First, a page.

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Discussion Intel current and future Lakes & Rapids thread

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lobz

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Feb 10, 2017
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I'd say 8 cores max. 8 cores alone would push the die size up to 200mm^2, unless they cut out some of the bloat like Thundebolt 4 or the IPU. And this is accounting for a trimmed down iGPU.
That's why I said I can't really see it happening. ~200mm2 on 10nm is HUUUGE for a mobile CPU. Unless it's the Intel I9 11000110100000000XXE+++ in a laptop for $9,999,-
But as a whole CPU family, not realistic.
 

coercitiv

Diamond Member
Jan 24, 2014
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Does anyone have the numbers for an area comparison between Skylake, Sunny Cove and Willow Cove? (core + cache only)
 

Thala

Golden Member
Nov 12, 2014
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According to Wikichip, Skylake is 9 and Sunny Cove is 7. Willow looks like it's about 10.
It should be noted, that with these numbers Skylake is on 14nm while the Coves are on 10nm. I guess you can easily half the Skylake size when scaling to 10nm.
 

uzzi38

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Oct 16, 2019
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According to Wikichip, Skylake is 9 and Sunny Cove is 7. Willow looks like it's about 10.
A bit over 10mm^2 I'd say.

Skylake is about 8.91mm^2 per core (using the height for the 2 core group on Wikichip, because it includes L3 cache, not sure if the first does)
Ice Lake is about 6.91mm^2 per core
Tiger Lake's L2 is 2.5x that of Ice Lake and it's L3 is 1.5x that of Ice Lake, (using paint) it looks kinda like a ~20-25% increase in die space per core.
 

IntelUser2000

Elite Member
Oct 14, 2003
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Well, for now, Tiger Lake seems more real than Rocket Lake. Not really sure now if entire Rocket Lake line up is going to happen.
Well, presumably Rocket is basically Tiger Lake but 14 nm and using chiplets. From a reducing the 14 nm shortage perspective, releasing Tiger Lake makes sense.
Sigh.

Obviously I meant Tigerlake-H. For -U it'll not only release but earlier than Icelake-U did.

Skylake is about 8.91mm^2 per core (using the height for the 2 core group on Wikichip, because it includes L3 cache, not sure if the first does)
Ice Lake is about 6.91mm^2 per core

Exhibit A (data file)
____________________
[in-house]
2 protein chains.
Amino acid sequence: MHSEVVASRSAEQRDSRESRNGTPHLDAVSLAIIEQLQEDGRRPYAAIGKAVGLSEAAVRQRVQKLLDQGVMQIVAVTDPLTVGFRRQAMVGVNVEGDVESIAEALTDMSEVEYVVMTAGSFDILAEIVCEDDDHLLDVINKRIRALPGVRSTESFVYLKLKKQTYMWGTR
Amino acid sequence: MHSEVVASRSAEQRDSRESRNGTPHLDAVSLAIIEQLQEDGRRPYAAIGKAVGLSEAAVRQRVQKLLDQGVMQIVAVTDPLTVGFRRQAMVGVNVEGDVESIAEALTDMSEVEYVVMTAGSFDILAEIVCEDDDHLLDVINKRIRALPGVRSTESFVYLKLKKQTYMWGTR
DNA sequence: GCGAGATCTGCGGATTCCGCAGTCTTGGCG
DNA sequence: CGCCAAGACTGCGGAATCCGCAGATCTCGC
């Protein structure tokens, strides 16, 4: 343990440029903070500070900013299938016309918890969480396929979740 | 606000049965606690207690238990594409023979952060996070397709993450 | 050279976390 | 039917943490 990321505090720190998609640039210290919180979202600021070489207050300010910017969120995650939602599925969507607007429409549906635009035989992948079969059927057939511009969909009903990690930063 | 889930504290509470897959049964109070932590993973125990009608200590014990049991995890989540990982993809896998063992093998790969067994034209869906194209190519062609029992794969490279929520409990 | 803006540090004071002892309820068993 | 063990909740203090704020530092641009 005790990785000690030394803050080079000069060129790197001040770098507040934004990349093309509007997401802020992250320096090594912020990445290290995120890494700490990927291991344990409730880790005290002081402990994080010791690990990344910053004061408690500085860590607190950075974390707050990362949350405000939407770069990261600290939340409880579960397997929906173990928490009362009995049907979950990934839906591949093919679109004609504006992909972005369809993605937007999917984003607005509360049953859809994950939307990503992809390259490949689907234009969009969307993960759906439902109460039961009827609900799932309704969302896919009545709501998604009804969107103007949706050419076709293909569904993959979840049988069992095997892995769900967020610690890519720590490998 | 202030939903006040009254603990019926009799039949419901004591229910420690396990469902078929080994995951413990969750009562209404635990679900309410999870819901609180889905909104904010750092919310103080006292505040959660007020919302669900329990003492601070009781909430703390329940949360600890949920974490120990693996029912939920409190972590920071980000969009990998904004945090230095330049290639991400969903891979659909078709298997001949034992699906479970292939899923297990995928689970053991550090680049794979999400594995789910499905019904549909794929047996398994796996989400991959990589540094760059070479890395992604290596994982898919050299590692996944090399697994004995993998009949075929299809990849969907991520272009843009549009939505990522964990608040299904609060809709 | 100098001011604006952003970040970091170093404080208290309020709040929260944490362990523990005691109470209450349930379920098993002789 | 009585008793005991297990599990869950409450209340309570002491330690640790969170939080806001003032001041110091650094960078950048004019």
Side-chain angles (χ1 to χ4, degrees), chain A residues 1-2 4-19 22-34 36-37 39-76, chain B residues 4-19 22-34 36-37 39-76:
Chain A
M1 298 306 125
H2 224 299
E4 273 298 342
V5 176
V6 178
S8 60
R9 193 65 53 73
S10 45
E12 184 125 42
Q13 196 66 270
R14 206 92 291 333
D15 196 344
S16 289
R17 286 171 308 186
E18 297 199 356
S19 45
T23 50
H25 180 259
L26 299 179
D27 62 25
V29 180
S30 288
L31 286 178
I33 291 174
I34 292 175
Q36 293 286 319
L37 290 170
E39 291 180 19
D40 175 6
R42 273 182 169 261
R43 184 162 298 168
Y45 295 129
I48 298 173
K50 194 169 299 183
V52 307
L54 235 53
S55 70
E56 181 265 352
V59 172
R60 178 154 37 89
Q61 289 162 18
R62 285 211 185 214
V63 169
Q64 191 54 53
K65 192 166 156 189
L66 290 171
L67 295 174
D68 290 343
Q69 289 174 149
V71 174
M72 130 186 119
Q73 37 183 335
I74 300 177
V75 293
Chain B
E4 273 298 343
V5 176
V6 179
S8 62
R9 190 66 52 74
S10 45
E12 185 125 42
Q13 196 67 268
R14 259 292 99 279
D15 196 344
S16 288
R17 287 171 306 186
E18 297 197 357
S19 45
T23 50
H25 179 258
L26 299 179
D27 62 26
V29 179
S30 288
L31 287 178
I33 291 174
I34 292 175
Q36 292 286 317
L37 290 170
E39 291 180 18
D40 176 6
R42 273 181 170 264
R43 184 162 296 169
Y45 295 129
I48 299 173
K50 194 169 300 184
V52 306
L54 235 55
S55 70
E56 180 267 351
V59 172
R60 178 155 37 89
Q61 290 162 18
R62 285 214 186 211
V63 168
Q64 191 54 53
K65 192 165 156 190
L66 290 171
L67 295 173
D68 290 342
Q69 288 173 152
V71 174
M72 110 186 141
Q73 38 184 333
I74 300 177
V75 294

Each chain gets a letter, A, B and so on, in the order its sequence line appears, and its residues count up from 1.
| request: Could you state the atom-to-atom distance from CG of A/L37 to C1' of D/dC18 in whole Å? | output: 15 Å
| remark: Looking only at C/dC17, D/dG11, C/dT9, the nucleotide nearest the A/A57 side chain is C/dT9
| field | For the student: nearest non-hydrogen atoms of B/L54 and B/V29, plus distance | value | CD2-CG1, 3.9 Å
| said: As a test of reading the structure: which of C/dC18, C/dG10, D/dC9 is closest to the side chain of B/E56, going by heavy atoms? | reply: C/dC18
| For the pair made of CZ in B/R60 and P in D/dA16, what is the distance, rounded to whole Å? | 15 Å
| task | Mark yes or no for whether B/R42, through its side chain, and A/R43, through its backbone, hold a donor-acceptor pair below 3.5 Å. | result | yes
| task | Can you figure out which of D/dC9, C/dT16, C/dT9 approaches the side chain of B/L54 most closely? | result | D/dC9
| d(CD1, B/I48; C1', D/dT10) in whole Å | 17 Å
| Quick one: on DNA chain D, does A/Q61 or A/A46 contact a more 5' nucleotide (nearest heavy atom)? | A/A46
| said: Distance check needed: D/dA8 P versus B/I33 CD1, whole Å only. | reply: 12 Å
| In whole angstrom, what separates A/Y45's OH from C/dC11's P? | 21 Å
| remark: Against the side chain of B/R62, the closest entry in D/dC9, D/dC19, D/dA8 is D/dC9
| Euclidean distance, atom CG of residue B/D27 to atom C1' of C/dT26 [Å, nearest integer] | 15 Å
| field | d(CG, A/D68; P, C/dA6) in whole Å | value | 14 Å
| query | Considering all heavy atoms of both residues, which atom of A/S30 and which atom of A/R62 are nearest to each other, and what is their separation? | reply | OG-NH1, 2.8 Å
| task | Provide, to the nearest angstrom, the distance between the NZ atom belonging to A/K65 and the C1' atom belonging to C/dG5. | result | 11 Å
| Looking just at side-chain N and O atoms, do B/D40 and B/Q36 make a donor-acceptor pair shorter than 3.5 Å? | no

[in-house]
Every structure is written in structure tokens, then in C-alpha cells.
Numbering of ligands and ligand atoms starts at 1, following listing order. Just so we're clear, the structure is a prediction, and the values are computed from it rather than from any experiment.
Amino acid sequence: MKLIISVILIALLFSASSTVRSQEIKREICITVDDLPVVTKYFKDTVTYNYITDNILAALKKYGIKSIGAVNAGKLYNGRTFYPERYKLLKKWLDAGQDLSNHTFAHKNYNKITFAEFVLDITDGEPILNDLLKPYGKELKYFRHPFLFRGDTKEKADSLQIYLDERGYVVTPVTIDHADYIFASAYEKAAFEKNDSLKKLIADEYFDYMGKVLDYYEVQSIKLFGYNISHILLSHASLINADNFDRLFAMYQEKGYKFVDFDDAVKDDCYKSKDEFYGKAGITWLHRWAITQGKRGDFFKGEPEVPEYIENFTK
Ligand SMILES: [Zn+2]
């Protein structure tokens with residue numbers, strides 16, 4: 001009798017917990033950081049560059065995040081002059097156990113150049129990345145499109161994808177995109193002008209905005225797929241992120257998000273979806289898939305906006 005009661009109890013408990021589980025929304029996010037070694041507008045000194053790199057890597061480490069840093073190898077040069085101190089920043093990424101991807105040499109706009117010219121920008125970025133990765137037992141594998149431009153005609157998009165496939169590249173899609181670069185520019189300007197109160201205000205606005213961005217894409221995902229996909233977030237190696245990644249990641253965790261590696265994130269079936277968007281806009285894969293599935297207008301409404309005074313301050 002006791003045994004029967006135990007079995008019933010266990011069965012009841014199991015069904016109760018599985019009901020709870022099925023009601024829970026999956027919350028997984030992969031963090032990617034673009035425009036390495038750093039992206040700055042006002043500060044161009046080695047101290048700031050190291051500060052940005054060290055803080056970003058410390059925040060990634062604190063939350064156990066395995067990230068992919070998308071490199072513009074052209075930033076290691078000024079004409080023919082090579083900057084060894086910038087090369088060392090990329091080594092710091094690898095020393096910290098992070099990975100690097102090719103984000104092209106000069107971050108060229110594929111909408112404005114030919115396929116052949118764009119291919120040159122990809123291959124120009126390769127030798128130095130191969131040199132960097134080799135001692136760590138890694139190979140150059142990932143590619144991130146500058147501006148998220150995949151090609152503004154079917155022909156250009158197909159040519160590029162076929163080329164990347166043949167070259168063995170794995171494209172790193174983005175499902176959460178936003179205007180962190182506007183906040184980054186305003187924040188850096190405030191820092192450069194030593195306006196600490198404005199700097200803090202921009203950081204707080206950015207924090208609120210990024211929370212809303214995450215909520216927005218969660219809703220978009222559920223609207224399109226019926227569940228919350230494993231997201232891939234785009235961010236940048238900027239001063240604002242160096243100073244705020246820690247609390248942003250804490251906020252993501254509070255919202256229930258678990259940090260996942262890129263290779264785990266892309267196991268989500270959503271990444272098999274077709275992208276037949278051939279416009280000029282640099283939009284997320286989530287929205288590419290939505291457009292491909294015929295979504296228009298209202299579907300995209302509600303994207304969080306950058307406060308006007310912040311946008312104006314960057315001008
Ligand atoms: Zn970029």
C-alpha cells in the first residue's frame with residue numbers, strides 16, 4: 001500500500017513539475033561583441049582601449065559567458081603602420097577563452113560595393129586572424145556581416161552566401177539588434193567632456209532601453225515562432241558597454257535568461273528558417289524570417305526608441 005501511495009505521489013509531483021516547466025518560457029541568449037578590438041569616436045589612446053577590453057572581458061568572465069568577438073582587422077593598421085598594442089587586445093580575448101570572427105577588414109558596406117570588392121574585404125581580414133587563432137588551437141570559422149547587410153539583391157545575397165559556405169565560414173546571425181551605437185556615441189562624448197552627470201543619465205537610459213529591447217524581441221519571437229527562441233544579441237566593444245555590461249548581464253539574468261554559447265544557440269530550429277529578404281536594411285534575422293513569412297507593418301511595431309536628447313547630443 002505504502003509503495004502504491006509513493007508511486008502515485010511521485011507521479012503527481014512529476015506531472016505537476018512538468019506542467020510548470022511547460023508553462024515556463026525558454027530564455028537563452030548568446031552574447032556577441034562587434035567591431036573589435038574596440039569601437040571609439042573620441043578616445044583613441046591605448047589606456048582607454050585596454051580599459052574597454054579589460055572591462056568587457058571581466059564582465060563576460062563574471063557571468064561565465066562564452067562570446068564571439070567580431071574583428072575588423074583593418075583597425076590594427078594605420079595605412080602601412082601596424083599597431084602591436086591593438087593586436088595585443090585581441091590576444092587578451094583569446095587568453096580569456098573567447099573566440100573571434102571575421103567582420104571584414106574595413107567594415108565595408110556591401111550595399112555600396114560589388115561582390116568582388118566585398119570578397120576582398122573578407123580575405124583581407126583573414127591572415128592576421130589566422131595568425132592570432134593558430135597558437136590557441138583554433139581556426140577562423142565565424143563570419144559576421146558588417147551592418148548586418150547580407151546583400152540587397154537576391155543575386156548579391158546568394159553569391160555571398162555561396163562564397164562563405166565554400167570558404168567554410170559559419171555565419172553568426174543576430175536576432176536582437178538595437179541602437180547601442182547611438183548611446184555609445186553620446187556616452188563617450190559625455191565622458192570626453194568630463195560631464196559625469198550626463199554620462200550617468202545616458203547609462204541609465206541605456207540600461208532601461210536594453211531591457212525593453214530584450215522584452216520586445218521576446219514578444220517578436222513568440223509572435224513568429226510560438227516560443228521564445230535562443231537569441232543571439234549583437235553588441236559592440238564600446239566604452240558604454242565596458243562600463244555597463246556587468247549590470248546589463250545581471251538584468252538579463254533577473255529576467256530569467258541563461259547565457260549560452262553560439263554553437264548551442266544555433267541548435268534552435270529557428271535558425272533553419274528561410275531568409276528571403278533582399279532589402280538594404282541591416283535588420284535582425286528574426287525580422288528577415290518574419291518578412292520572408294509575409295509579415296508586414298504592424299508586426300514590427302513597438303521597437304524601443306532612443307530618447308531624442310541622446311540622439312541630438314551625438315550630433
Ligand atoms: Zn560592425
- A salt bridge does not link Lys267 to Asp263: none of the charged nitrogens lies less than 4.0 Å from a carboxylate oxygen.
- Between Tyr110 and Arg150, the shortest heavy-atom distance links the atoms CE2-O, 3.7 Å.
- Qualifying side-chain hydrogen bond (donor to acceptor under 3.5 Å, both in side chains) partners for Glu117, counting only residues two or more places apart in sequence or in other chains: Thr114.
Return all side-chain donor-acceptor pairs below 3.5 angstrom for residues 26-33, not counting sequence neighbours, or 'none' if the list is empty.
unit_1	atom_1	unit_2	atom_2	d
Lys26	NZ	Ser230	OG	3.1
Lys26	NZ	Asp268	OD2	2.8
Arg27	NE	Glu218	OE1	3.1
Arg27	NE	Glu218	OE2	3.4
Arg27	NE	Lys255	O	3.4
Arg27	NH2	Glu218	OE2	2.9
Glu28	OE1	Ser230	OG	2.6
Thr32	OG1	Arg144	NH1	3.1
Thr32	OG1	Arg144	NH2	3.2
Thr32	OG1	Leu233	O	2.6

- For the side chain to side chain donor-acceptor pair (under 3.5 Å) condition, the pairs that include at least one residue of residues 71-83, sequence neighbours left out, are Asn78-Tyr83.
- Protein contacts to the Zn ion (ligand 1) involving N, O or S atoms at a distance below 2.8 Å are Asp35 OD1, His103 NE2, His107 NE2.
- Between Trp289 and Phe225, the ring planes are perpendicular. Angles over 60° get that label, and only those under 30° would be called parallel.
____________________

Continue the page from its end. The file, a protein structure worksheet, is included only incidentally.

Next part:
Easiest is using 4 core groups. Skylake is 50.3mm2 and Icelake is 30.7mm2. I think Tigerlake-U grows to 40mm2 for the group.

Core size excluding L3 is 8.9mm2 for SKL and 5mm2 for ICL.

We could speculate that Sunny and Willow Cove both were aiming for 5GHz operation. If they aim it for <4.5GHz, then cores can be smaller. If they aim for <3GHz like with mobile chips the core sizes should be quite competitive. Of course that requires designing the whole chip for such frequencies from the scratch.
 
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lobz

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Easiest is using 4 core groups. Skylake is 50.3mm2 and Icelake is 30.7mm2. I think Tigerlake-U grows to 40mm2 for the group.

Core size excluding L3 is 8.9mm2 for SKL and 5mm2 for ICL.

We could speculate that Sunny and Willow Cove both were aiming for 5GHz operation. If they aim it for <4.5GHz, then cores can be smaller. If they aim for <3GHz like with mobile chips the core sizes should be quite competitive. Of course that requires designing the whole chip for such frequencies from the scratch.
5 GHz operation is an accidental adverse effect of having to optimize 14nm waaaaaaaaaaaay-way-way beyond its original goals, I sincerely doubt it has ever been a core feature of either Sunny or Willow cove.

There is also obviously no separate architectural designs for <3 GHz mobile and 5 GHz desktop, so in the end I have no idea what you're implying regarding the correspondence between per core silicon area and frequencies.
 
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jpiniero

Diamond Member
Oct 1, 2010
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As for Tiger-H, I thought about it some more and came to the conclusion that if it does make it to release, it will be 8 cores and no IGP. Maybe it will include Rocket Lake's 14 nm IGP chiplet. Maybe.

I think Intel intended for Comet-H to remain on the market for some time but between the 14 nm shortage and Renoir they decided that they needed to revive it and just did the work to remove the IGP from the die.